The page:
Monday, August 31, 2009
Did you ever get yourself into a situation or place and wonder how you could get out of it? A situation where you REALLY had to rely on some help...from somebody, somewhere?
There’s no message here (unless you want there to be)...I just thought the picture was hilarious.
Monday, August 24, 2009
I figured out weeks ago that if I was only going to post "finished" artwork here on the blog, that I would never manage to get 52 images posted during the year. So, from here on out I will be showing some of the behind the scenes work that goes into creating a fish illustration. It is very rare that I grab a piece of paper and start an image without doing a few sketches to get the feel of my subject matter...more often there are numerous pencil or pen sketches done before I begin what I hope to be - eventually - a finished product. Todays image is a good example. This was done today during my lunch break at the office. Will this quick little drawing ever become finished artwork? I have no idea, but it was fun to do...and with each pen stroke I really do seem to learn a thing or two.
Wednesday, August 12, 2009
I started this one, intending it to be a companion piece to the Snake River Cutthroat and had planned to title it as "Madison River Rainbow" in the same calligraphy style as the Cutthroat.
But as sometimes happens I ended up going another direction with it. I decided to go ahead and color this one. I guess I could go back to the original plan. Oh well, as usual...it’ll have to set around in my studio for a while before I decide. Confused? Me too, but that’s my normal state of being.
Friday, August 7, 2009
ONCE IN A BLUE MOON. Many of you have heard about the movie...some might have even seen it by now. According to Mid Current Fly Fishing News, the movie “follows an attempt by some New Zealand fly fishers to track down what can loosely be called a ‘mouse hatch.’ The idea of hitting the timing just right – when an explosion in the rodent population puts the biggest trout on the feed – leads to landing some very nice fish on big mouse patterns in stunningly beautiful surroundings.”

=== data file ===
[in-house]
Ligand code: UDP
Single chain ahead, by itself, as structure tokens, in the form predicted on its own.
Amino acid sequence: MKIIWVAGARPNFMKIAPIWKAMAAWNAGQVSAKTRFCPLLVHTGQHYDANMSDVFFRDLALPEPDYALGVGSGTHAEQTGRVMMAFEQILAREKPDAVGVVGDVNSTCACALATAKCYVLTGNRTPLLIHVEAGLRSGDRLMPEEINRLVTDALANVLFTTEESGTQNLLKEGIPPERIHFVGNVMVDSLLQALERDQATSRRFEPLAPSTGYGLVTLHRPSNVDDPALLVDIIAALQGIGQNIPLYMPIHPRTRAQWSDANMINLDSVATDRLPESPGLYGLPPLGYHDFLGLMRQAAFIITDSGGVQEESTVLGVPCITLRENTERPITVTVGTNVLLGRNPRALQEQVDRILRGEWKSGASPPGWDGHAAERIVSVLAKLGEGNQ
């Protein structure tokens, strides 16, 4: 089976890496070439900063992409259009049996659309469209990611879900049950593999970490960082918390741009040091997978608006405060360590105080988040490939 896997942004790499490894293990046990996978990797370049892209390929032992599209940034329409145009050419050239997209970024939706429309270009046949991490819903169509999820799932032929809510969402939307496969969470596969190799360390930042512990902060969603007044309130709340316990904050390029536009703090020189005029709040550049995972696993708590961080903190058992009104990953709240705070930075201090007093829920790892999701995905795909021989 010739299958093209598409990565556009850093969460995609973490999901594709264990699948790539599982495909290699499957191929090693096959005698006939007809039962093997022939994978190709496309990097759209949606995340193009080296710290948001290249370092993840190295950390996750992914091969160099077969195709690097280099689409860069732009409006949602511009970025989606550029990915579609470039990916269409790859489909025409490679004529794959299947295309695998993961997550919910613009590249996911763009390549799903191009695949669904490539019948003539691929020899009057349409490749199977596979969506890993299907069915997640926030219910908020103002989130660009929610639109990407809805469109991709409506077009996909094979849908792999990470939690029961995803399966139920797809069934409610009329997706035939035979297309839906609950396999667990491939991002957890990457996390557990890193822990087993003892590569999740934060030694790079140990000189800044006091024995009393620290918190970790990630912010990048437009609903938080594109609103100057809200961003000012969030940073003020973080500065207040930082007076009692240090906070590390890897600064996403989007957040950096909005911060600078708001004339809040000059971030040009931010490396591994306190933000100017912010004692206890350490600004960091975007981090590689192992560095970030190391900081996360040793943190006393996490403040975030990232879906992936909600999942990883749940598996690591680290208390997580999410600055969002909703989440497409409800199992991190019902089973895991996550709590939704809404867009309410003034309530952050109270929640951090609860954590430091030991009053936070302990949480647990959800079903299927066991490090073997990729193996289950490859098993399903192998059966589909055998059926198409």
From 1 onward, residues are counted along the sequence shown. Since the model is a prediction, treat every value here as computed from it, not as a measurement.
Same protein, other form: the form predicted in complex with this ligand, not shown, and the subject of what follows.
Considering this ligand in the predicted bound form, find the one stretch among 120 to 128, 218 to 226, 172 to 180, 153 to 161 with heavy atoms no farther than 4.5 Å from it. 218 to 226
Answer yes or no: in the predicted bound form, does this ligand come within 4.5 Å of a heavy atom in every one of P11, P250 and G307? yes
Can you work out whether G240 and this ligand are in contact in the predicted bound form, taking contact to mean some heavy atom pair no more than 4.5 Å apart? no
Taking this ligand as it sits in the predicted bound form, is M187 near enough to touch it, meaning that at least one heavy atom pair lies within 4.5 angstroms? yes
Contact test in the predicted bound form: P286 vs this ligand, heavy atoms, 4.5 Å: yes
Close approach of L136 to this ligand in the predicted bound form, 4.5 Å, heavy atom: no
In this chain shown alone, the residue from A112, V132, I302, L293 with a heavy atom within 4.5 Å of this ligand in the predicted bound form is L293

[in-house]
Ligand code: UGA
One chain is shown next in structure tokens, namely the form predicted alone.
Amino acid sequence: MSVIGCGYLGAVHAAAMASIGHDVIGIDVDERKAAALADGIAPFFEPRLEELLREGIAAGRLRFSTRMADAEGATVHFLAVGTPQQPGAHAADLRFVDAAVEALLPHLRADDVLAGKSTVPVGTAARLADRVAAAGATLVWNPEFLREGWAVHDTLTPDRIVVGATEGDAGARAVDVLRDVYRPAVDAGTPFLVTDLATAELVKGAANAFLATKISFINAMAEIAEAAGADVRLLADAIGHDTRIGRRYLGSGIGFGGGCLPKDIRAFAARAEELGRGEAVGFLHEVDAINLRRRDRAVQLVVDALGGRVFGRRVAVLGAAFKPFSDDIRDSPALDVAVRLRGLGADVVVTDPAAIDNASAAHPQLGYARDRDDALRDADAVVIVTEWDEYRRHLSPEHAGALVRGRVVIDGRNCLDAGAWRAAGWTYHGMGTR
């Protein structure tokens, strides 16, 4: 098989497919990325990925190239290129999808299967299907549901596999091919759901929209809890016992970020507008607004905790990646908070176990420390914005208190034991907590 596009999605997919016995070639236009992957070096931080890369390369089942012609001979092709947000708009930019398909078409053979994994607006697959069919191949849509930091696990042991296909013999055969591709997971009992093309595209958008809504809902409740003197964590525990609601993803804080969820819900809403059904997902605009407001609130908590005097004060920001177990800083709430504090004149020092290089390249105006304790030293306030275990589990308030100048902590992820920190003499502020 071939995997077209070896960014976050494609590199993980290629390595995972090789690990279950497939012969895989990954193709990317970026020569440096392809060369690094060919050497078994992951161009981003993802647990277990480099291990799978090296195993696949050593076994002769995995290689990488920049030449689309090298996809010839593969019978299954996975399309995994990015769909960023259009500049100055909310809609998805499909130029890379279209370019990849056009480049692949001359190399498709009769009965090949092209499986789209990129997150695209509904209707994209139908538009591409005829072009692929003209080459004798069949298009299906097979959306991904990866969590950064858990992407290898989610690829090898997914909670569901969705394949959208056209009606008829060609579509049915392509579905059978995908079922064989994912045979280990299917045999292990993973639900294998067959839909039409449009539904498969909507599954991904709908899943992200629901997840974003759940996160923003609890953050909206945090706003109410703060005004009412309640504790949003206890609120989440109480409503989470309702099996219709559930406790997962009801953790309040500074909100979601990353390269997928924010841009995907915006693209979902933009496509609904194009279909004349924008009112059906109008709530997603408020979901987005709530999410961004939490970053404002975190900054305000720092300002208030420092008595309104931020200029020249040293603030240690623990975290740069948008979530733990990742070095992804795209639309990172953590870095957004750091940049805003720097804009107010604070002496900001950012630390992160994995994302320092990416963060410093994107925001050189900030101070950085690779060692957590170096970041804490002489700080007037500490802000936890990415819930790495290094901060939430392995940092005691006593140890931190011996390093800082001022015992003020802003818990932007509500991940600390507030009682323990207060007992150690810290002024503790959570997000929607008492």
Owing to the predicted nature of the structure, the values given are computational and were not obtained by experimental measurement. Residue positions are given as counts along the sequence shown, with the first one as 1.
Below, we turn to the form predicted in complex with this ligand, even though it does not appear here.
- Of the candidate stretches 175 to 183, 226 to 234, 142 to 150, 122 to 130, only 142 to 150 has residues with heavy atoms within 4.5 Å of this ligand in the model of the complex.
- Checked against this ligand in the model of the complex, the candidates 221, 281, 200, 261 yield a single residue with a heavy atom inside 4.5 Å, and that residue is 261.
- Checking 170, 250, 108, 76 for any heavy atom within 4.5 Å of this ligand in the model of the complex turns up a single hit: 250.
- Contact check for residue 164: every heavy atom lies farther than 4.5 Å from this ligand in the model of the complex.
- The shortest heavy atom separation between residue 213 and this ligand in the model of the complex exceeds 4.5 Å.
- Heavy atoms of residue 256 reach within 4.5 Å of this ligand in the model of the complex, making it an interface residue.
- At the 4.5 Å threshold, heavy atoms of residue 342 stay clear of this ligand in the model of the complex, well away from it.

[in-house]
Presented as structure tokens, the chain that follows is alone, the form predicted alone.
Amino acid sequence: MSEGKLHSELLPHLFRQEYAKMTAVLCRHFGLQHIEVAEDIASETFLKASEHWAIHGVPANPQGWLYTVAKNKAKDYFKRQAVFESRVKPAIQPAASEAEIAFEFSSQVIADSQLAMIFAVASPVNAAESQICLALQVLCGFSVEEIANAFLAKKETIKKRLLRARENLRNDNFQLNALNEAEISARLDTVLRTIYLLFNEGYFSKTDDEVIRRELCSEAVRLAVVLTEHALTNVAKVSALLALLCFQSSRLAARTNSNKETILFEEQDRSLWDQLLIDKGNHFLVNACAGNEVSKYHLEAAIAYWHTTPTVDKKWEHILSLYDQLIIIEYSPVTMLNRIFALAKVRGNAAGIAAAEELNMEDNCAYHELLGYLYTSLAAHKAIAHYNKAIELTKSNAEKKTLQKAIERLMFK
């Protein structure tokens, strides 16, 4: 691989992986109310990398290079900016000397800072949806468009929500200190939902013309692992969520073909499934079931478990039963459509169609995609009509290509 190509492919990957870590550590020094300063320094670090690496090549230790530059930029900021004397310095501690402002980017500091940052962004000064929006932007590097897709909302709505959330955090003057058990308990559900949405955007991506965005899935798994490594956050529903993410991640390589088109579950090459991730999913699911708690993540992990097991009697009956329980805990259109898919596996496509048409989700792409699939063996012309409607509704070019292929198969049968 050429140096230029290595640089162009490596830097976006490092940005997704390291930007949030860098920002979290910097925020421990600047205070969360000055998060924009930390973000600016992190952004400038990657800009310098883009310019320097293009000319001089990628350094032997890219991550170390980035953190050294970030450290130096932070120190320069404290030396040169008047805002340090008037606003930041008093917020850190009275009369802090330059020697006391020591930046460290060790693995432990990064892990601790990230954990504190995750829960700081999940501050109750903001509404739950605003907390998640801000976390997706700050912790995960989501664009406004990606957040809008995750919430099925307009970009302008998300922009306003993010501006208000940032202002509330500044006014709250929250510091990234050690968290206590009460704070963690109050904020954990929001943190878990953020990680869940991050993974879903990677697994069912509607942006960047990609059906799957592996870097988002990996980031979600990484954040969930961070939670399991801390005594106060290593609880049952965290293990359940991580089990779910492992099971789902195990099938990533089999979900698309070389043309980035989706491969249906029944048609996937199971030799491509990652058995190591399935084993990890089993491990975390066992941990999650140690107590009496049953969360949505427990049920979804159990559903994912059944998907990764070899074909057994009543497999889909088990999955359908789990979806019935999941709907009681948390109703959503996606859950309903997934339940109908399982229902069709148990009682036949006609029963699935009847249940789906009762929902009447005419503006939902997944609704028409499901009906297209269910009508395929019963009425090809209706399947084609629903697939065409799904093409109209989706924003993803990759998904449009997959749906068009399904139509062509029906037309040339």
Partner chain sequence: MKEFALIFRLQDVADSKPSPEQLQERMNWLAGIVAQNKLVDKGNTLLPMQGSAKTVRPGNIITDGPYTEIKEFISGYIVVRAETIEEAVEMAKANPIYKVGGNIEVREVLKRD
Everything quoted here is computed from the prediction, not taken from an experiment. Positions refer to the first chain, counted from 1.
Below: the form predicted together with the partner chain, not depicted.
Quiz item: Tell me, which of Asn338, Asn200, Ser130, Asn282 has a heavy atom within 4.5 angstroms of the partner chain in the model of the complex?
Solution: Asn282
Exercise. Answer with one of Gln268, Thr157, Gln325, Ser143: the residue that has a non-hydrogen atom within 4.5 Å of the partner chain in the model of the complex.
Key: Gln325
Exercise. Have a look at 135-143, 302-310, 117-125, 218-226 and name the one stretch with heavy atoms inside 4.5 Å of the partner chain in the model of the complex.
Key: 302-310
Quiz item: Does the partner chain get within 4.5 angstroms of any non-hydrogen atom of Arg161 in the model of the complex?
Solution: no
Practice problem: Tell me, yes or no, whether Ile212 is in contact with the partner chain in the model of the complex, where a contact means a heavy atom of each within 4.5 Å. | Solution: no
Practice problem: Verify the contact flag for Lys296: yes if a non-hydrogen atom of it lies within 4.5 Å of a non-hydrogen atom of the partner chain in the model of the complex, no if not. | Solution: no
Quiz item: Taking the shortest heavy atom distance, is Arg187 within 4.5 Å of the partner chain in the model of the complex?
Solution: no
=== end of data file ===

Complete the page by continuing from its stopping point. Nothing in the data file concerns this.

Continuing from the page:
Well, that brings to mind a story...a story that I’ll tell if you promise not to pass it on to PETA. Once upon a time in a prior life I worked in the egg business. A very large egg business. No, the eggs were normal sized, but they sold gazillions of them all over the good ol’ USA.
As we all know eggs come from chickens...girl chickens. For about a year, each of the girls pops out, on average, a little over one egg a day. After that their production goes down they aren’t good for anything other than Campbell’s Soup, so they’re replaced. Well, to satisfy the market demand for eggs and to replace the worn out layers that aren't hitting their quotas anymore, it takes a lot of girl chickens. This company had millions of them. And to get millions of girl chickens you have to go through a lot of eggs. That meant they had to have a hatchery. And since (thankfully) science hadn’t figured out a way to produce only girl chickens, the hatchery produced a lot of boy chickens too. Can you tell the difference in the boys and the girls at one day of age? Neither could I, but there was a family of Chinese folks that were very good at it.
On a regular schedule they would show up at the hatchery to “sex the chickens.” With trays and trays of day old chicks before them, they would grab one, turn it over to inspect the business end and pass judgment. The girls went into another tray and the boys went into 5 gallon plastic buckets. At the end of the day the hens were shuffled off to a rearing facility and the boys –the cockerels – were carted off to THE POND.
A stones throw from the hatchery was THE POND. A pond of about ten acres that was full of huge channel cats and bass. By now you’ve figured out how they got so big. For the sake of the faint hearted, I will avoid going into more details, but suffice it to say that “Pavlov’s Fish” knew when it was dinner time.
Imagine a John Boat. Imagine that John Boat filled with 5 gallon buckets of lively yellow feathered vittles, and imagine that boat making 5 or 6 trips across THE POND on feeding day. I know you’ve seen film of an ocean feeding frenzy...well, the only thing missing was the gulls. The “Chicken Hatch” was a sight to behold.